Interventional Procedures

What is an Angioplasty?

An angioplasty is a procedure used to open blocked arteries, to open narrowed arteries in the heart, kidneys, carotid, or leg arteries, or to reduce or alleviate signs/symptoms of blockage. It’s often done immediately after an angiogram, although it is done at other times also. Both angioplasty and stenting are often used together.

What to Expect Prior to the Procedure

  • You will be contacted by a nurse from the Cardiac Catheterization Lab 1-2 business days prior to your procedure to review health history and instructions. The questions we asked are necessary to assure proper medical care. The phone call will take approximately 10-15 minutes.
  • You will be asked for a list of your current medications and dosages.
  • Inform nurse if you are taking Warfarin/Coumadin. (Coumadin is often discontinued prior to your procedure.)
  • Blood work is required prior to your procedure to assure electrolyte balance and clotting function.

Read and print out full instructions.

What to Expect the Day of the Procedure

  • Do not eat or drink anything after midnight.
  • You will be instructed on which medications you may take with water.
  • Bring a list of your current medications and dosages with you.
  • Arrive at the given time; there is no need to arrive early.
  • You will meet several people who will be your health care team.
  • The procedure, including benefits and risks involved, will be discussed with you.

What to Expect During the Procedure

  • IV medicine will be given to help you relax and keep you comfortable.
  • Your blood pressure, heart rate, and oxygen level will be monitored.
  • The procedure is done under sterile conditions.
  • If you are undergoing an angioplasty to the carotid artery, sedation medication is not used so your mental status can be monitored.
  • If your procedure is immediately following your angiogram, you will already have a catheter in your artery. If not, medication will be used to numb the entry site (most likely the groin, wrist, or elbow area).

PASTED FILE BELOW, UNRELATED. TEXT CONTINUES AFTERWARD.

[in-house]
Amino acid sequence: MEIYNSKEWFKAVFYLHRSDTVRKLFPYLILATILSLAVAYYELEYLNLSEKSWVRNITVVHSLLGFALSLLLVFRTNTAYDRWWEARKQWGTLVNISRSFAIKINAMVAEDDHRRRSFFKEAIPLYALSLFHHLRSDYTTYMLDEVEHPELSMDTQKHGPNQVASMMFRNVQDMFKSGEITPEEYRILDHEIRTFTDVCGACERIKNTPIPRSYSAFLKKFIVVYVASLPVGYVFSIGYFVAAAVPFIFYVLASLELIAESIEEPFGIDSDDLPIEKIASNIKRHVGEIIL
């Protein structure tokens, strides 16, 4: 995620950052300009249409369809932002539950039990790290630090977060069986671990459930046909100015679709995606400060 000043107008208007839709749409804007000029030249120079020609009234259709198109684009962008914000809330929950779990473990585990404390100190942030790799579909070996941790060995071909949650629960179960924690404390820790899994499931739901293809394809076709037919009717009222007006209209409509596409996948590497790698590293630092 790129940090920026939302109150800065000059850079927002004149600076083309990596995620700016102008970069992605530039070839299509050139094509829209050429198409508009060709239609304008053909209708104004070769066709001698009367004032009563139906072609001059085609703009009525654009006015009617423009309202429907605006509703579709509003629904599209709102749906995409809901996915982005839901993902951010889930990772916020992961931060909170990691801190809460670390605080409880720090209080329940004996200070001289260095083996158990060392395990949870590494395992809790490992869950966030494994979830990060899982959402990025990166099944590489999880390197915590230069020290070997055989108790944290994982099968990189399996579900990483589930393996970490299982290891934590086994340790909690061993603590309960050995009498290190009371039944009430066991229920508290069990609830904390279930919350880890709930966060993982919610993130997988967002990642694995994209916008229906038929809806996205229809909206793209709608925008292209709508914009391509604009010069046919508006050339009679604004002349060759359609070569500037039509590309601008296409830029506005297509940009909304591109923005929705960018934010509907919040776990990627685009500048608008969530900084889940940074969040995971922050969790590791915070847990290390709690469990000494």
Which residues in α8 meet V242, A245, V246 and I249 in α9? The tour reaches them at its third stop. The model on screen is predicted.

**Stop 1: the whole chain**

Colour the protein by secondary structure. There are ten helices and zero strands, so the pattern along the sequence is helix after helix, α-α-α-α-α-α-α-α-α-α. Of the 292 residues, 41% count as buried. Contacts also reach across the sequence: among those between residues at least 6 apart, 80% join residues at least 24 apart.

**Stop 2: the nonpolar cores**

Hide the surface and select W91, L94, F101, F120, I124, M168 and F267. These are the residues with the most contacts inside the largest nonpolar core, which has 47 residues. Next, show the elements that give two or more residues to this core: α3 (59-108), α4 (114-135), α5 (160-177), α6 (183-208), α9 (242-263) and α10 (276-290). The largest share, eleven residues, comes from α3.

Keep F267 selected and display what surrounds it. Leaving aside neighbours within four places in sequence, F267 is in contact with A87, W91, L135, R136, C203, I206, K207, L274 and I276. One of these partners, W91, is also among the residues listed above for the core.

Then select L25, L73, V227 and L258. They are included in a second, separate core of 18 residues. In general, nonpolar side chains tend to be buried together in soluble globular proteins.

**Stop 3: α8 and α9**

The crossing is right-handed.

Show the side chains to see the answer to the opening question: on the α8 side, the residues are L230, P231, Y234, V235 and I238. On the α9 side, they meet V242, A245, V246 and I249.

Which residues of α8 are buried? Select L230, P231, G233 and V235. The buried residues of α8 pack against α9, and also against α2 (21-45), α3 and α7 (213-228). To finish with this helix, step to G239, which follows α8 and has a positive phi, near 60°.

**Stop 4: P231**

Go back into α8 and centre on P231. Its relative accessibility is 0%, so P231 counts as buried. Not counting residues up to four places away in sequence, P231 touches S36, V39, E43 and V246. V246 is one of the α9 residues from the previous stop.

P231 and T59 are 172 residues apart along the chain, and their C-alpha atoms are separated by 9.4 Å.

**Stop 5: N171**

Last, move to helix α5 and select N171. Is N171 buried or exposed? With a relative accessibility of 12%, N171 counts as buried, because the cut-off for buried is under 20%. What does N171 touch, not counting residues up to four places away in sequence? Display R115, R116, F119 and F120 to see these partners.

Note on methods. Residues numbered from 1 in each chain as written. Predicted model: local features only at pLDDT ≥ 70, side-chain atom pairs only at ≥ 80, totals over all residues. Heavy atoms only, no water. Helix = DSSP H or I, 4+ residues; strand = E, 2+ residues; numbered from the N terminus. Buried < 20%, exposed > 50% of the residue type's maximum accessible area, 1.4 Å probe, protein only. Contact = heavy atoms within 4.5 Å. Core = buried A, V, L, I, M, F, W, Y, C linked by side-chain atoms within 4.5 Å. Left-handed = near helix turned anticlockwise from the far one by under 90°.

How it feels—There is some stinging and/or burning as the numbing medicine is placed.
  • A catheter (long, hollow tube) with a deflated balloon is directed to a blockage using digital images. Once at the blockage, the balloon is inflated, which presses the blockage into the wall of the vessel. The balloon is deflated and removed from the artery, leaving the artery open.
    How it feels—
    You may have chest discomfort or angina while the balloon is inflated. No sensations are felt in the artery.
  • Patients often have a stent placed also.
  • The procedure takes about 1 to 2 hours.
  • Once the procedure is done, the tube in your artery will be removed. There are many techniques to control bleeding at this site. The technique most appropriate to you and your situation will be decided by the physician.
  • After the procedure, the physician will talk with you and a family member per your request.

What to Expect After the Procedure

  • You will be on bedrest for 4-6 hours after the procedure. One visitor at a time will be allowed to sit with you.
  • If you have an angioplasty of the heart or carotid arteries, you will be monitored overnight in the hospital.
  • If you have an angioplasty of a leg artery, you may stay overnight.
  • If you have an angioplasty of your kidney artery, you will most likely be discharged approximately 4-8 hours after your procedure.
  • You must arrange a ride home accompanied by a responsible adult. Once home, a responsible adult must be with you for 3 hours. 
  • You should also expect to be prescribed the following medications to help prevent further blockages (these will be discussed with you during your hospitalization):
    • Statin-cholesterol medicine
    • Beta Blocker (protects the heart/controls blood pressure)
    • Ace inhibitor (protects the heart)
    • Aspirin daily

Activity Restrictions

  • No heavy lifting, pushing, or pulling greater than 10 pounds for 5 days.
  • After 5 days, no heavy activity that causes deep/heavy breathing for 6-8 weeks.
  • No driving for 5 days.
  • No tub baths, swimming, or hot tubs for 7 days.
  • Most patients return to work within one week.
  • Specific instructions will be given to you at discharge.

Common Experiences When You Are Home

  • Tiredness that day.
  • Tenderness at the procedure site.
  • May have a small bump (size of a quarter) at the procedure site.
  • Bruising is common at the procedure site.

What You Should Report Immediately

Upon discharge, we will provide you with a phone number to contact us if you experience any of the following:

  • Severe discomfort at the insertion site
  • Bleeding at the insertion site
  • Increase in chest, arm, or jaw pain
  • Shortness of breath
  • Redness or signs of infection at the insertion site

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